This is a legal pre-requisite of membership and as the Treaty of Lisbon has made the EU Charter of Fundamental Rights legally binding, now an on-going commitment by member states. Every European Union member state has ratified the European Convention on Human Rights (ECHR); the International Covenant on Civil and Political Rights (ICCPR) and has committed to the Universal Declaration of Human Rights. Media plurality is an area the report argues where the European Commission has competency. Yet, the commission has until now left the promotion of media plurality up to member states. Now that this approach has been found wanting, the Commission is and needs to rethink its approach.
The Italian example
Italy is the most egregious example of an EU member state failing to protect media plurality. The famous Italian
“anomaly” had the country’s then prime minister Silvio Berlusconi exerting influence over the state broadcaster (which in turn was mandated by law to carry his political party’s views) alongside his personal ownership of the country’s largest television private television and advertising companies. The Gasperri Law of 2004 that was supposed to prevent media concentration may according to the OSCE have helped to preserve them.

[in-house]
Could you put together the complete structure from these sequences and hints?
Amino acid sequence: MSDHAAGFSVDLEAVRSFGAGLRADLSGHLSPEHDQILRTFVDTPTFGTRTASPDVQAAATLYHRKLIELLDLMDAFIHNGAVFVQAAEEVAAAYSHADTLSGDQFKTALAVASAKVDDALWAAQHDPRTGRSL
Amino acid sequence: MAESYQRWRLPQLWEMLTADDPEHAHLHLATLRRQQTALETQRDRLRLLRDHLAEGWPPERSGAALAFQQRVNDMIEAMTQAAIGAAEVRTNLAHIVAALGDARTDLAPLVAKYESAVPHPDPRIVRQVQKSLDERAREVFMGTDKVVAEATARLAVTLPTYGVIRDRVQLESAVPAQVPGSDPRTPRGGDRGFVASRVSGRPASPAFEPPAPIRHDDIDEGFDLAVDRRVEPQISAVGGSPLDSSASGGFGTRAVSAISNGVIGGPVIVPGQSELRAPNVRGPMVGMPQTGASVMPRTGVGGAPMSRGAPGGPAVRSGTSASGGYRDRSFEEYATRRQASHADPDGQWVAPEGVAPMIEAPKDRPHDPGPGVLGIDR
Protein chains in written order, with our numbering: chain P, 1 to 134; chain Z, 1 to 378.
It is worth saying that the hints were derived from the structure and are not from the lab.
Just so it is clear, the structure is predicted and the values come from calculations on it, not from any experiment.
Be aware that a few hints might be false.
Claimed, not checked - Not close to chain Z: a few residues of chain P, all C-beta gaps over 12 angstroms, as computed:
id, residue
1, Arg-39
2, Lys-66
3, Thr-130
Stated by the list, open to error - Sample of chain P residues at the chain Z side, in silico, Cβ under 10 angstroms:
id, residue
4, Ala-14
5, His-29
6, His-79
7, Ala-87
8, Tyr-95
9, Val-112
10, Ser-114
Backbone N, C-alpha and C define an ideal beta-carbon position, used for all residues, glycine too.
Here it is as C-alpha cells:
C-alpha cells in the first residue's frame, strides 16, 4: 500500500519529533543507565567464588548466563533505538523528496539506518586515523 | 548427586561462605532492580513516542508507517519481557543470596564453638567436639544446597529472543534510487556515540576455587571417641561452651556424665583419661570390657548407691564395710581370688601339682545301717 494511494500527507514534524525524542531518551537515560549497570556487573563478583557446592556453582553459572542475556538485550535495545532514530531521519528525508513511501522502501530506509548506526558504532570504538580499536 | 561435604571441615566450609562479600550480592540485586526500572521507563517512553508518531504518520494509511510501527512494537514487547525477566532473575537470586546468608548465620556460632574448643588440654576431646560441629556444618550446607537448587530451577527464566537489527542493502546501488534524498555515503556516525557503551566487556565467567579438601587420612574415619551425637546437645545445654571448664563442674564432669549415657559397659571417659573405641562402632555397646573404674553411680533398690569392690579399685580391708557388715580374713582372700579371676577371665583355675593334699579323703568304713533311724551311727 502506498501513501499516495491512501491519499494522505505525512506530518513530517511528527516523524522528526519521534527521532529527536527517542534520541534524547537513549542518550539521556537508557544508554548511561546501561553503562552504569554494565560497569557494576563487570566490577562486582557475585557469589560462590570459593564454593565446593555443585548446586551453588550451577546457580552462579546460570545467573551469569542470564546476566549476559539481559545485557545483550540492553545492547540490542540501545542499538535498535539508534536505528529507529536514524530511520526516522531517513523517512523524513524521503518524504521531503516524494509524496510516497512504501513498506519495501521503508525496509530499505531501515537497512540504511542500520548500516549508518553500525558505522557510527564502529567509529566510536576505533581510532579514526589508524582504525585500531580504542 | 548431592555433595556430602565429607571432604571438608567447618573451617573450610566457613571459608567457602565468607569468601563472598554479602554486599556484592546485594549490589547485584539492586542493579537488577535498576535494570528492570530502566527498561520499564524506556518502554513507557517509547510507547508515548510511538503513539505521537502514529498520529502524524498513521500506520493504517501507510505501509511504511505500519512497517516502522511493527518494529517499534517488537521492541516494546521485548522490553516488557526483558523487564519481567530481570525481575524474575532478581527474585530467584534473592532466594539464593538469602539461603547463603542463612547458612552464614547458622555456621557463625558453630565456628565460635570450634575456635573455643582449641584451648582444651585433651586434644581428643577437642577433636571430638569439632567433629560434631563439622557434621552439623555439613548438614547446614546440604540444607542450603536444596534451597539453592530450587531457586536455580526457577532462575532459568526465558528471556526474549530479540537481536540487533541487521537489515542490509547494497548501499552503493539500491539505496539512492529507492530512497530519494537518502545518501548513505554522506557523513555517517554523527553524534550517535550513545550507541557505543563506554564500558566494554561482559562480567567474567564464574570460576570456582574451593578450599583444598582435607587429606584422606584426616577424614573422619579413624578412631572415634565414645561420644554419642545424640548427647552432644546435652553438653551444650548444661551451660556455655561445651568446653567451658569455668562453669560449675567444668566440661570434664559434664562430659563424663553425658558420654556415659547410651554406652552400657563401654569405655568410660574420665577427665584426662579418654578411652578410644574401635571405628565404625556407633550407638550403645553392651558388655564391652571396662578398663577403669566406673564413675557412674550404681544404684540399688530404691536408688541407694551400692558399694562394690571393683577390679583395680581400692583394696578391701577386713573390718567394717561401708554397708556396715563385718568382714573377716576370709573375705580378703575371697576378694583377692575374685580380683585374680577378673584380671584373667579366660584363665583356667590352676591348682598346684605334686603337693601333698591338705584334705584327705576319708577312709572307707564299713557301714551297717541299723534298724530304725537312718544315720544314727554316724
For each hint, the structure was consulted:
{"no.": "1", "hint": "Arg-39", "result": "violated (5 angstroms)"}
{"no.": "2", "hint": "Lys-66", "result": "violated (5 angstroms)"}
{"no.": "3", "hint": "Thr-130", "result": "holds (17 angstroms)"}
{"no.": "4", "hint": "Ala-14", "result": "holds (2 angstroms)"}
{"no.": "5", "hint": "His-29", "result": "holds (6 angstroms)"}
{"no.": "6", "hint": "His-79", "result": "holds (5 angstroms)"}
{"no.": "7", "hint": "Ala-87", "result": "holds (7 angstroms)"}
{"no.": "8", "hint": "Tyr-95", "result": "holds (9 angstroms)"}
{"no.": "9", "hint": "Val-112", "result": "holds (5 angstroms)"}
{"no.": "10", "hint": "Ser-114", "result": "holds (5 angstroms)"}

While the European Parliament condemned Berlusconi’s personal influence over nearly 80% of the Italian television media, the Commission did not respond until July 2010 where it acted to remove restrictions placed on Sky Italia that prevented the satellite broadcaster from moving into terrestrial television.
Concentration throughout Europe
Italy is not the only EU member state where media ownership patterns have undermined plurality. The Centre for Media Pluralism and Media Freedom demonstrated this year that strong media concentrations can be seen across the EU with large media groups holding ownership of a significant share of the domestic media in many member states. These media concentrations are significantly higher than the equivalent US figures.